Air Research (NILU) has measured the deposition velocities of three gases, O3, SO2 and NO2, on selected materials which have been used in museum buildings. The measurements of the different material samples were performed in a climatic test-chamber at NILU under near laminar airflow conditions. Deposition velocities on materials were measured at varying air humidities and at varying temperatures between 20–30oC (GRØNTOFT, 2002). Figure 1 shows the measured deposition velocities for the three gases, on a number of different materials, at RH = 90%. The general trend seen in the figure is a low deposition velocity (0–0,03 cms-1) for the slightly water-soluble NO2 gas. The deposition velocity was considerably higher (0,05–0,10 cms-1) for the somewhat more water soluble and more reactive O3 gas, while a twice as high deposition velocity (0,1–0,2 cms-1) was measured on alkaline surfaces for the easy soluble and reactive SO2 gas (GRØNTOFT, 2001). Knowing deposition velocities and reaction mechanisms, NILU has developed a model that gives mean deposition velocities indoors. This model will be included in the wider IMPACT project model, which will calculate indoor concentrations of gases in museum buildings from measured outdoor concentrations. The IMPACT model will be of great help for the museum staff in evaluating the indoor environment and undertaking preventive conservation work.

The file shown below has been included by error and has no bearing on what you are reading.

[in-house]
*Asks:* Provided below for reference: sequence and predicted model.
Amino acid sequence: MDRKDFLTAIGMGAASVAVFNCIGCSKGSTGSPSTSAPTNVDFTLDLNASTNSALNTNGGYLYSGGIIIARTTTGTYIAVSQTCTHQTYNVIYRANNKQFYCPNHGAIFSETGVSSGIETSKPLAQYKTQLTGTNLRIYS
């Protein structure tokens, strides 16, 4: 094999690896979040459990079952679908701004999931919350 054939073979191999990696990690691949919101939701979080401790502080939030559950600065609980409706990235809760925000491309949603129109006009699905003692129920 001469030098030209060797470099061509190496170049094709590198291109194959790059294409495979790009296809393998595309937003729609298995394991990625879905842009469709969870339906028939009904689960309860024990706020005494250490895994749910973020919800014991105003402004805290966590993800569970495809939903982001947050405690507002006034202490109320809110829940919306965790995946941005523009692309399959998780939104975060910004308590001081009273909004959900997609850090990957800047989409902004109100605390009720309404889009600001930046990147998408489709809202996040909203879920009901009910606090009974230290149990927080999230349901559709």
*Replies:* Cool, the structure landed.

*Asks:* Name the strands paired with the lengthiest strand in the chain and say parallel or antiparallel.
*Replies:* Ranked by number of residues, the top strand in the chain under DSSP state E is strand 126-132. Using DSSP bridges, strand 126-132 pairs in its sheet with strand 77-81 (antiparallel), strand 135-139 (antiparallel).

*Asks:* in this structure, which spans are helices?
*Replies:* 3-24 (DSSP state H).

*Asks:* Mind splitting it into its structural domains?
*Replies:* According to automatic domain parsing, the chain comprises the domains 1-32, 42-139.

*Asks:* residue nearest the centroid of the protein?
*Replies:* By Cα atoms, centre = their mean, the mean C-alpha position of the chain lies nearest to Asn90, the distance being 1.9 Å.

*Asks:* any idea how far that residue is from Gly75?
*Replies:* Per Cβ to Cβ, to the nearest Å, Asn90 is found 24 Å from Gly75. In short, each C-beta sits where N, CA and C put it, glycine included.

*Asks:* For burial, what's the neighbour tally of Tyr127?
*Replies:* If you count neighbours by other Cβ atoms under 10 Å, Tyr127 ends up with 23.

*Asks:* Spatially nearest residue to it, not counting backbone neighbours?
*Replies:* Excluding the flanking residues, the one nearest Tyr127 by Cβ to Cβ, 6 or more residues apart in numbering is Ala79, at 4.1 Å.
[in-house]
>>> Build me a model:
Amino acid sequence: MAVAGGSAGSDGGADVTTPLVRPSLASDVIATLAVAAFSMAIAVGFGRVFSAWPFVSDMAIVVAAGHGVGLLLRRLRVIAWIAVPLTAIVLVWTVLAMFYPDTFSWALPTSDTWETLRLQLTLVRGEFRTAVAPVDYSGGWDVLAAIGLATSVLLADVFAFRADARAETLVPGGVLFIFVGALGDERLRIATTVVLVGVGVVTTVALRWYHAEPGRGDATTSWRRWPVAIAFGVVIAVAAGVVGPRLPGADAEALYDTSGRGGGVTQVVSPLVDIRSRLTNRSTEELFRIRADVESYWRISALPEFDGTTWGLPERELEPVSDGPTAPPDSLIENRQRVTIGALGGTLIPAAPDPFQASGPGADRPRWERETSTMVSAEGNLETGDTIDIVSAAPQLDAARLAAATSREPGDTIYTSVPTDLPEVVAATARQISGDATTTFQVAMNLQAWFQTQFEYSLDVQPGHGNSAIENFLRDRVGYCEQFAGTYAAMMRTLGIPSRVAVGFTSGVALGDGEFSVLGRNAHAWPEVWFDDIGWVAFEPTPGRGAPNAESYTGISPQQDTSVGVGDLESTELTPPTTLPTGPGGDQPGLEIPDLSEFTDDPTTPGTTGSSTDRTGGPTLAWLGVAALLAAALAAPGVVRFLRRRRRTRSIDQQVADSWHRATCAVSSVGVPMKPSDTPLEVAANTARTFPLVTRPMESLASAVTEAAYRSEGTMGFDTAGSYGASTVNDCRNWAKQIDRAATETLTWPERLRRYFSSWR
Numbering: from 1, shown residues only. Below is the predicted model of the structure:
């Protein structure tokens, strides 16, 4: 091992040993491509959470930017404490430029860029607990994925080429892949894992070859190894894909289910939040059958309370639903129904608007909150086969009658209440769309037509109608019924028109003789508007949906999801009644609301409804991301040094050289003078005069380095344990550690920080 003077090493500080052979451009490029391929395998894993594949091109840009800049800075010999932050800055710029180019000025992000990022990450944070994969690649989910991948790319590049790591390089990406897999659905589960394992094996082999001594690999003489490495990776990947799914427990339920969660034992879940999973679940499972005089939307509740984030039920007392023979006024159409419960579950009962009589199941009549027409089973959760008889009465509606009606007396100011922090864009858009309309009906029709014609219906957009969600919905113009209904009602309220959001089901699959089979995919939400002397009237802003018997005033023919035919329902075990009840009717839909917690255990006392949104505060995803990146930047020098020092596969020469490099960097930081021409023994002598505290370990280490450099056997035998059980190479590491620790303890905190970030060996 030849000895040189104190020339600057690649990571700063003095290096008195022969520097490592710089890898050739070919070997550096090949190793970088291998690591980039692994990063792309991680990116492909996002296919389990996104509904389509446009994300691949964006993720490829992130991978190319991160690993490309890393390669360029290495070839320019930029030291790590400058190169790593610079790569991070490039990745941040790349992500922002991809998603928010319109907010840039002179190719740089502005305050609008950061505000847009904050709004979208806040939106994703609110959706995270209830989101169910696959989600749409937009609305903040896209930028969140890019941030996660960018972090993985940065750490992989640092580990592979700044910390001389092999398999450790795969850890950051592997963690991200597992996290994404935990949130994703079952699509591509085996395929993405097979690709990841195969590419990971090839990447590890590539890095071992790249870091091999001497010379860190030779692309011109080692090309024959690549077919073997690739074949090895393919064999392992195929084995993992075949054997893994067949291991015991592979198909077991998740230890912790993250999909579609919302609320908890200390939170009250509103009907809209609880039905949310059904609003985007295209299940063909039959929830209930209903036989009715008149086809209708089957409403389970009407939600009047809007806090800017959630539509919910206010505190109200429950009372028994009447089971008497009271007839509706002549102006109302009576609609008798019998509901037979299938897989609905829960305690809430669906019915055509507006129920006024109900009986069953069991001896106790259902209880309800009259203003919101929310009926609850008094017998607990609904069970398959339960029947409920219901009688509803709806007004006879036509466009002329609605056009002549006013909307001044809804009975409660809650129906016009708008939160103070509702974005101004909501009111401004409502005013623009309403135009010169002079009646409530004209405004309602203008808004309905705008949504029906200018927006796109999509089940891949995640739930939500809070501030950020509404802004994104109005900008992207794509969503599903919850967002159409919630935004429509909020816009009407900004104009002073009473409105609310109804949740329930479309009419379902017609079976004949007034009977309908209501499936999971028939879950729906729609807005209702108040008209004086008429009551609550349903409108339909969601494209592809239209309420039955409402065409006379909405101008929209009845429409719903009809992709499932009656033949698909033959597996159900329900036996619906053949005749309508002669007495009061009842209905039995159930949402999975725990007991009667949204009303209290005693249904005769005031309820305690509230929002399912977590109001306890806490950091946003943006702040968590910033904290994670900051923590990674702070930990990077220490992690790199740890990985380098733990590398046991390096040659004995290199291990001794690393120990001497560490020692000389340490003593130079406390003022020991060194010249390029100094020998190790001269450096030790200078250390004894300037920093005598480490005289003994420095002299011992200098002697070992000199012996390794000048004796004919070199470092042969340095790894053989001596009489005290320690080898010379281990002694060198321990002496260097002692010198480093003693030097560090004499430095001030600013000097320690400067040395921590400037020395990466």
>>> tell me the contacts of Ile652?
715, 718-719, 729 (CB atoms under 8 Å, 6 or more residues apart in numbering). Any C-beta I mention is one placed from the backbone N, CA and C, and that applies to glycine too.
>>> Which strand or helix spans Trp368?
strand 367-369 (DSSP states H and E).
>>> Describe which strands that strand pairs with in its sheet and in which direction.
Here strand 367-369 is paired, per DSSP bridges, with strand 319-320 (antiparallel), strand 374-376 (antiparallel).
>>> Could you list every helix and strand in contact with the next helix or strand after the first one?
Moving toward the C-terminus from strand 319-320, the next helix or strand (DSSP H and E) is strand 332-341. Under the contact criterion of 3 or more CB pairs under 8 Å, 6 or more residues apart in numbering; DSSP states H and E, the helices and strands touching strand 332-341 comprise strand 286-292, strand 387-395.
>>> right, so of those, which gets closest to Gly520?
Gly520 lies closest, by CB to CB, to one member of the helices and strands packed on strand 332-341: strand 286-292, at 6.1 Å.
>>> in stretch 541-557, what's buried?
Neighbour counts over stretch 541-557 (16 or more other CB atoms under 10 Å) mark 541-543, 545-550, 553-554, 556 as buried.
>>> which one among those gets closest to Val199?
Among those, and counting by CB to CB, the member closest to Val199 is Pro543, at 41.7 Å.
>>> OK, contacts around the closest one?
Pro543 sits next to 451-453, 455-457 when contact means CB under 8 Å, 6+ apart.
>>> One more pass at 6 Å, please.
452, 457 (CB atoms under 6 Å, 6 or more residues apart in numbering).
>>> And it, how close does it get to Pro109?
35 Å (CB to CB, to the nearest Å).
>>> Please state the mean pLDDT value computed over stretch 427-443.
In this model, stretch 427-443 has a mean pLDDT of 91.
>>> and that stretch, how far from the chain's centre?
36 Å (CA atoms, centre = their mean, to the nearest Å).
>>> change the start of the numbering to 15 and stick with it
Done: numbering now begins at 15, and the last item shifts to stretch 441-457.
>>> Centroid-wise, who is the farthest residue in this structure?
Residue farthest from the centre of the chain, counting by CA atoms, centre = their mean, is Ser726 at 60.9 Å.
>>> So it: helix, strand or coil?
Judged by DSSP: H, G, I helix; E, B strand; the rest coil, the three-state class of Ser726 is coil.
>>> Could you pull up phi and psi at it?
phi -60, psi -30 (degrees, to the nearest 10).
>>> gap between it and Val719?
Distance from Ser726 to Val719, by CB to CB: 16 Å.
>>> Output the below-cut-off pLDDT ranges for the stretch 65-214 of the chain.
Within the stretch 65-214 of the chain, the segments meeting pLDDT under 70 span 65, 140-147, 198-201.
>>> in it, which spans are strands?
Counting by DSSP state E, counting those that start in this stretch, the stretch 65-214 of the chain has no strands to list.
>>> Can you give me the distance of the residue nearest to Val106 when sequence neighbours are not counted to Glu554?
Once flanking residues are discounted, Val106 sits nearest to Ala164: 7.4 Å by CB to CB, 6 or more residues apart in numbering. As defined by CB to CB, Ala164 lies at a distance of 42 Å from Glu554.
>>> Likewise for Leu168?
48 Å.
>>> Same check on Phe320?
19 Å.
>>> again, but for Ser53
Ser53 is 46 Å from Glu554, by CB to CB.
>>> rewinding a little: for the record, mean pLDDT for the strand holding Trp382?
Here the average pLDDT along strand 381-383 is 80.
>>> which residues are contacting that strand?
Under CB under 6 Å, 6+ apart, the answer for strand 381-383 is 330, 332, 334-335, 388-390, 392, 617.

At the moment, there are several EU-funded research projects going on in Europe dealing with problems concerning preventive conservation, but there are still research gaps which remain to be filled. A working paper for the European Parliament (the STOA-project) stated in October 2001 that there is still a need for research within the following topics (CASSAR, 2001): – Response of materials to microclimatic changes. – Measurements of indoor emissions from materials and humans in cultural heritage environments. – Secondary reactions among gases and secondary products of indoor chemistry.
The MASTER project
A new EC project: ‘Preventive Conservation Strategies for Organic Objects in Museums, Historic Buildings and Archives’, otherwise known as ‘The MASTER Project’ (EVK-CT-2002-00093) began on February 1, 2003. The main aim of this project is: To provide the conservator staff of museums, historic buildings and
– Dry deposition of particles and the ways in which particles age or react with surfaces. – New and multi-functional sensors for air pollutants in museums and archives. – Development of integrated management strategies. A main challenge must be to ensure that research projects will be relevant to the museum staff, so that they can be implemented into their preventive conservation strategies.